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by Franki

There is nothing particularly new about this issue, but I’ve collected enough stories on the subject to warrant another attack against software patents. The more people that know just how dangerous they are, the more likely that someone in power will notice and do something about it. (or at the very least, stop some even worse law from being added by inept un-knowledgeable politicians trying to get votes, and listening to paid industry lobbyists.)

Big companies like IBM and Microsoft love software patents, they can use them for two primary reasons, one is as a defence; If someone litigates against you, they should make sure that they are not infringing any of your patents or they will face a counter suit. And as an attack; If a competitor is taking market share from you, and you want to turn the tables, finding a patent infringement and litigating for damages is often a useful way to get started. IBM has one of the biggest patent portfolios, but to the best of my knowledge they only use it for litigation defence and licensing. Microsoft has a huge and growing patent portfolio, and thus far have really only used it for defence and licensing as well. Although there is much speculation that they will be using it to attack Open Source software like Linux, Samba, Apache, Mozilla and OpenOffice.org. In some ways they are already using it to fight open source as can be seen in the recent SenderID anti-spam issue covered here.

The question people should be asking, is: Should patents be granted for things like “Double clicking your mouse button” or the local collection of registration information which is later uploaded to a remote server, or a Window containing a “to-do” list. and online voting systems?


All of the above are patents owned by Microsoft, and I think it is safe to say that none of them are incontestable with regards to prior art.

It’s not just the big guys that have jumped onto this bandwagon, a company called Acacia have what they say is a valid patent on the steaming of images and sound over a network, and are threatening litigation to anyone they think might pay them money. And then we have E-Date Corp who are threatening litigation over their patent for downloading music over a network. Another example is a company called BTG Plc the only product of whom is a patent portfolio that they use to extort money from other companies. Currently they are suing Microsoft and Apple over an online updates distribution method patent. And finally we have Forgent Network and IBM/Unisys, who hold patents on the JPG and GIF image formats respectively. Forgent Network waited until JPG became the dominant image format on the Internet before suing a huge number of companies for royalties.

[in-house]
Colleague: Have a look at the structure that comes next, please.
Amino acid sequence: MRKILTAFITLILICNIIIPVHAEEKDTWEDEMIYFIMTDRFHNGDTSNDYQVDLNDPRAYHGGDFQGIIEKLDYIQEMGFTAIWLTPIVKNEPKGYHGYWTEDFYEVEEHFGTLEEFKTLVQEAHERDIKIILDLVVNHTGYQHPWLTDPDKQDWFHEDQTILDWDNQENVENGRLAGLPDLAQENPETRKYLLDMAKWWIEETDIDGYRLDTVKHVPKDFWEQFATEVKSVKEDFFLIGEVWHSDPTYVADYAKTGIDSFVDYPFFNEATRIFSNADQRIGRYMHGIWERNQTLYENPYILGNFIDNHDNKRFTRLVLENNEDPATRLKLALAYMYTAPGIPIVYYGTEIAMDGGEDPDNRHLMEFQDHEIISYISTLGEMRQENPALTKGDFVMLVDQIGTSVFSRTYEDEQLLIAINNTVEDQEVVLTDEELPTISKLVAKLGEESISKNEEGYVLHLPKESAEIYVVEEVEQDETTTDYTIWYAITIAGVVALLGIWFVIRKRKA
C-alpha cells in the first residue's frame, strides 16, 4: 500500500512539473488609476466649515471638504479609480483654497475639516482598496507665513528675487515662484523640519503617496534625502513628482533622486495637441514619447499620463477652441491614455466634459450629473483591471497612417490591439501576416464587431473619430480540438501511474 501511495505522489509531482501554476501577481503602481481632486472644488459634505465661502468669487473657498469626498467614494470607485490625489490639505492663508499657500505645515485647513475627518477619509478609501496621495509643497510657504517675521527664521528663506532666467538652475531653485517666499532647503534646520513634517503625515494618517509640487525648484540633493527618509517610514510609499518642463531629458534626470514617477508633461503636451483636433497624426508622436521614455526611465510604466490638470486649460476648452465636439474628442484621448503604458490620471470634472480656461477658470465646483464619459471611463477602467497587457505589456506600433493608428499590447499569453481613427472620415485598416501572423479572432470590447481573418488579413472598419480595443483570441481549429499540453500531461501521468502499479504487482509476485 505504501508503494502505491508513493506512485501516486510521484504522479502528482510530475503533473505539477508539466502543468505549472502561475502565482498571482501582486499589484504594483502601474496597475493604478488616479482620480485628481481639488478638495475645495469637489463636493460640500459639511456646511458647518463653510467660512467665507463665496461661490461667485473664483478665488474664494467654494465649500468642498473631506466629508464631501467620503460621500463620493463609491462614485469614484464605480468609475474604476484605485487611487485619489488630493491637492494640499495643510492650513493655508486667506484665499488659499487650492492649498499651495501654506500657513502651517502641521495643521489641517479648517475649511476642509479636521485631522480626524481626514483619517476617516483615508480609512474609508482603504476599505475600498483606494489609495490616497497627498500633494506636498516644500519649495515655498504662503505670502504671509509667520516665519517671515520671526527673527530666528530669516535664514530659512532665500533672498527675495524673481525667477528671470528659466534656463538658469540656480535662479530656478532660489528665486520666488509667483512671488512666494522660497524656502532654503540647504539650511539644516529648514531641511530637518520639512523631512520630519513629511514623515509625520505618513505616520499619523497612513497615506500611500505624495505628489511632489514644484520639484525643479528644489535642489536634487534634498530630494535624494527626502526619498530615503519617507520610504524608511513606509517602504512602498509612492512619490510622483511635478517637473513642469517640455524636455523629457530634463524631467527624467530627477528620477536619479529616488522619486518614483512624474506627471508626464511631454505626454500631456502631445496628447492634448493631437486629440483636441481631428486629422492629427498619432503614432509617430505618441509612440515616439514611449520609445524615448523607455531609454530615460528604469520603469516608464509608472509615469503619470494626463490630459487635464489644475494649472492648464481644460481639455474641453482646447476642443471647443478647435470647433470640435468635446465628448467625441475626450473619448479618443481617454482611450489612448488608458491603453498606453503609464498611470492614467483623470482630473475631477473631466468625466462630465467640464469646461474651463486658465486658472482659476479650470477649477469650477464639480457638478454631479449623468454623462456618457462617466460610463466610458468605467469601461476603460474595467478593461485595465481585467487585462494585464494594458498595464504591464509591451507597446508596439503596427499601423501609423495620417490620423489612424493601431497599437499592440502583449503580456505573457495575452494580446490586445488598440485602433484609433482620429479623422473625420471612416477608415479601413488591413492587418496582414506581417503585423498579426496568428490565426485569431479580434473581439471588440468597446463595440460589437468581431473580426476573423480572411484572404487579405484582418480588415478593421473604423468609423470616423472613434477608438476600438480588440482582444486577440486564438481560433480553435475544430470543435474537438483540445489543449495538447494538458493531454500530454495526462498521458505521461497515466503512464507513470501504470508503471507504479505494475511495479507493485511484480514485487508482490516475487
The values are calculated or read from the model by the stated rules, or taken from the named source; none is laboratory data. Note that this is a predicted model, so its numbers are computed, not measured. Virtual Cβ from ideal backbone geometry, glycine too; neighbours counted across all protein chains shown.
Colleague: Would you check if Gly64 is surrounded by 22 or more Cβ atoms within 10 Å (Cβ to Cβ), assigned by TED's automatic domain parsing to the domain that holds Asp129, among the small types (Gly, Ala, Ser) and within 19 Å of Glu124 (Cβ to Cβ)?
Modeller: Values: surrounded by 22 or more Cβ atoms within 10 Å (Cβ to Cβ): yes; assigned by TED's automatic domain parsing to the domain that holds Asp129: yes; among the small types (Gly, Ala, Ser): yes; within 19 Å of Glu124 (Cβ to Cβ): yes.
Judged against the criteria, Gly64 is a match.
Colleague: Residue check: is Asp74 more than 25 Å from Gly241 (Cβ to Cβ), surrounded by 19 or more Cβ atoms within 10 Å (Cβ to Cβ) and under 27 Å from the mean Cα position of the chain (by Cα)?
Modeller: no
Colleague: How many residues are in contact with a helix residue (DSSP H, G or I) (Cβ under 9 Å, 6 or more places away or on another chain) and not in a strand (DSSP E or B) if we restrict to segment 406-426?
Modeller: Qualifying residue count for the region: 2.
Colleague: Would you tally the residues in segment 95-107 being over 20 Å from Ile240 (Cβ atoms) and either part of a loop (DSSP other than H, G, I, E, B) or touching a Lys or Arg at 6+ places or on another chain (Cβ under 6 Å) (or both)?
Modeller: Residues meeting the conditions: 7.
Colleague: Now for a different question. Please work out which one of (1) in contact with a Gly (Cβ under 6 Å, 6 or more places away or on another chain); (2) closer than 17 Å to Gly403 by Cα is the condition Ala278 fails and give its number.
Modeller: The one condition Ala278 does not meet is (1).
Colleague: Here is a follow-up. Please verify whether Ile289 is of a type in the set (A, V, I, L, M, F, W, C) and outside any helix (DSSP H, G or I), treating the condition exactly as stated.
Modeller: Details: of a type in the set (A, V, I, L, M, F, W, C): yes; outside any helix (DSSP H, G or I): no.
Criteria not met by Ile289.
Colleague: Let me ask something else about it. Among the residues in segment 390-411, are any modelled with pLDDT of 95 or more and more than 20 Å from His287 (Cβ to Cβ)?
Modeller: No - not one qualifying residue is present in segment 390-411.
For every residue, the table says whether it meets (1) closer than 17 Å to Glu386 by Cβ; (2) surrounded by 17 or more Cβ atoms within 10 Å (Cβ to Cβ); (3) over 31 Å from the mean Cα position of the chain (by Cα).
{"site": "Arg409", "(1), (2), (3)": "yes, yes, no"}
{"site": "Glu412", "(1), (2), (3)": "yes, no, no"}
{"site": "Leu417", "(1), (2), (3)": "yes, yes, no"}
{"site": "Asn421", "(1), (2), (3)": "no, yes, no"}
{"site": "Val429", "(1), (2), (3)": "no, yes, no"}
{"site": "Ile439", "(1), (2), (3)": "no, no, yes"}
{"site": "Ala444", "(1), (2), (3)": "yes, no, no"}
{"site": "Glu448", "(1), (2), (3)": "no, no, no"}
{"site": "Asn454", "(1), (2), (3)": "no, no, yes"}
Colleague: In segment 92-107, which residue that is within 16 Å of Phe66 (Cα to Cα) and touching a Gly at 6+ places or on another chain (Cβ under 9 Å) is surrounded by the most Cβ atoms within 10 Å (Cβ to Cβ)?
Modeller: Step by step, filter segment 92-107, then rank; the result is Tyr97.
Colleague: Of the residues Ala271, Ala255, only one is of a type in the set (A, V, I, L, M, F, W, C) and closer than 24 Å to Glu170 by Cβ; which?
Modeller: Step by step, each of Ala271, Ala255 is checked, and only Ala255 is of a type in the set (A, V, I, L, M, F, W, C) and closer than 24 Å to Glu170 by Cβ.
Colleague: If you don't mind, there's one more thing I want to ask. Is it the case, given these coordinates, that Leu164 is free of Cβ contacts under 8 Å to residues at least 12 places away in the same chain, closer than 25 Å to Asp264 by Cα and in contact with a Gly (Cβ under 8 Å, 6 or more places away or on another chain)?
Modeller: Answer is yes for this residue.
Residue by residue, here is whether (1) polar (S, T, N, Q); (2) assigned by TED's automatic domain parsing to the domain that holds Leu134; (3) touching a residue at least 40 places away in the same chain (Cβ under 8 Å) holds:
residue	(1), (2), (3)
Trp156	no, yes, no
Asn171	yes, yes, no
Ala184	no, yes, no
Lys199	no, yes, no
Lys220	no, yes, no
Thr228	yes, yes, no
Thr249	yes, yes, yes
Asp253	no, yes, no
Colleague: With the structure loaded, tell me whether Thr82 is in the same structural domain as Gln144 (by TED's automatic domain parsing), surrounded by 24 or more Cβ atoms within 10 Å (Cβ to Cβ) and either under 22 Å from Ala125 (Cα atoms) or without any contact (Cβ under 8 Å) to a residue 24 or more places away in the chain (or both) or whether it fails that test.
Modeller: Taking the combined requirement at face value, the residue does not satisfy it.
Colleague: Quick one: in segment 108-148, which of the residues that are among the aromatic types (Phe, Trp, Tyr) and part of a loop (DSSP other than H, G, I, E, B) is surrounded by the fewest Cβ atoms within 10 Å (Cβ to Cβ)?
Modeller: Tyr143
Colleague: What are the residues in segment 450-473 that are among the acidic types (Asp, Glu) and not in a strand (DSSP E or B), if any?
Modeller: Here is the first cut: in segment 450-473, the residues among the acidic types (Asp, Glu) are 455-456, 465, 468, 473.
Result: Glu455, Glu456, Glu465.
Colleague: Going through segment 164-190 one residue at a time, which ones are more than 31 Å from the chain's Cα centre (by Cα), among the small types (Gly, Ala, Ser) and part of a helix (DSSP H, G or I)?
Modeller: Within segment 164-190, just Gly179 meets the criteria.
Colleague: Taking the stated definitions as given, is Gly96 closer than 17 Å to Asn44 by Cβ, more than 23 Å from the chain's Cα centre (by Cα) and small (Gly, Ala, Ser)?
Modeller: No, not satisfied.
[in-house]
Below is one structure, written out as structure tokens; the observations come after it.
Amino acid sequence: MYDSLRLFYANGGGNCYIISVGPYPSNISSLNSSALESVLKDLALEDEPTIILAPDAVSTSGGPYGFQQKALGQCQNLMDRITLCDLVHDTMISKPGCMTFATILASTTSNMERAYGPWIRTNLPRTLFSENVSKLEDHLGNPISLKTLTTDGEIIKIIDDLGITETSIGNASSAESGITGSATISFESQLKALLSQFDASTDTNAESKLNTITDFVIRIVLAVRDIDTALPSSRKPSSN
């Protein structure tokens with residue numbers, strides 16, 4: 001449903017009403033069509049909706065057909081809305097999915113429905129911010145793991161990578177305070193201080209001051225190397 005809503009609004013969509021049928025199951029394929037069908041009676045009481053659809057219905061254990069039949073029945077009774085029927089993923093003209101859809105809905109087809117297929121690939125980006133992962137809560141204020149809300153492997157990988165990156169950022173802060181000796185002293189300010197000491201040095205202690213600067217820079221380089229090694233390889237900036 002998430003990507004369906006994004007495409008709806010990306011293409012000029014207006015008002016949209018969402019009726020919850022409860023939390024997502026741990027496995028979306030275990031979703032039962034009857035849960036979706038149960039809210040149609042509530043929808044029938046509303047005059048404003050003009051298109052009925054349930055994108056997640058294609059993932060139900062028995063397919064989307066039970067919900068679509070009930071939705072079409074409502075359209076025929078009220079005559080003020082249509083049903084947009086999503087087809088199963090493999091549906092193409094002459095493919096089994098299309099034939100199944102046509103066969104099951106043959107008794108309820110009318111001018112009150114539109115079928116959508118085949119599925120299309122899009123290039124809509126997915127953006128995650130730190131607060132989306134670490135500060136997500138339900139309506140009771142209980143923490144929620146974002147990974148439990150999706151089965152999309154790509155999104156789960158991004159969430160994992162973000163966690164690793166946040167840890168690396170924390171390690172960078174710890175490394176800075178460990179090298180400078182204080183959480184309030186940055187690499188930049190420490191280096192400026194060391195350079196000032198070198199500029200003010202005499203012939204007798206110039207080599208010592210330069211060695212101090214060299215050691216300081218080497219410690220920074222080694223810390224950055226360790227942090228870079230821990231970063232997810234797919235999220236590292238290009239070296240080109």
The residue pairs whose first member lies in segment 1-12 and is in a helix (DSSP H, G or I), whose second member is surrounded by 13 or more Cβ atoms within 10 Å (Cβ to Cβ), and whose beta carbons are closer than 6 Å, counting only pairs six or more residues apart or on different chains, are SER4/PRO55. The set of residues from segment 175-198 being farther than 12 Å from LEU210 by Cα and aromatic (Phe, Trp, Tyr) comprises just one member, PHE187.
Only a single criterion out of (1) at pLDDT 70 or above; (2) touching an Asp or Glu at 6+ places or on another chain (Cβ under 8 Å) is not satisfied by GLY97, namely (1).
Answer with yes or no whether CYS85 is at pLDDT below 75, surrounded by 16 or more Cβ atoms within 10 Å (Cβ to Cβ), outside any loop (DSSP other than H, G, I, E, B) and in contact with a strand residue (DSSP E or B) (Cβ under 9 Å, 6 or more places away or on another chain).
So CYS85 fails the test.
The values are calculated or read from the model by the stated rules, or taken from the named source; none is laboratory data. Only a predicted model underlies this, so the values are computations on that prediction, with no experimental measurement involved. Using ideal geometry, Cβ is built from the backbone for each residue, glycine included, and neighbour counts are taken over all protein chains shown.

The problem is getting allot more coverage of late, due to the in court behaviour of these companies, and due to articles like this one. The problem is not just one of money, or even anti-competitive behaviour, it’s also about the stifling software innovation. Why would a programmer or a team of programmers spend months or years writing some revolutionary piece of software, if when they are done, they come across a company with its hand out who spend no time at all developing the technology claiming “your using our patent”? You decide people, what is easier; To develop, market and distribute a big software project, or to patent some vague online idea and then stand around waiting for companies to create something that “might” use it, and go to them with hand extended for money?

And therein lies the problem. As long as it is easy to patent ideas that are so vague that they can challenge nearly everything, then the problem will only get worse. What needs to happen, is that the patent office needs to either ban software patents, or strongly limit their scope/increase the minimum specifity. They also need to actually have people from the software industry reviewing these patents, as the ineptitude of the patent office reviewers is one of the biggest problems.

Until that happens, the only people making money are patent holders and lawyers. And that’s hardly going to attract a new generation of programmers is it? Sure, programmers need to be able to protect their work, but copyright already protects their actual implimentation of an idea. Patenting the idea, without the need of code to back it up, is just silly and worse, it’s dangerous to our careers as developers.

Regards

Franki








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  Time  in  Don's  part  of the world is:   October 20, 2017, 5:04 am
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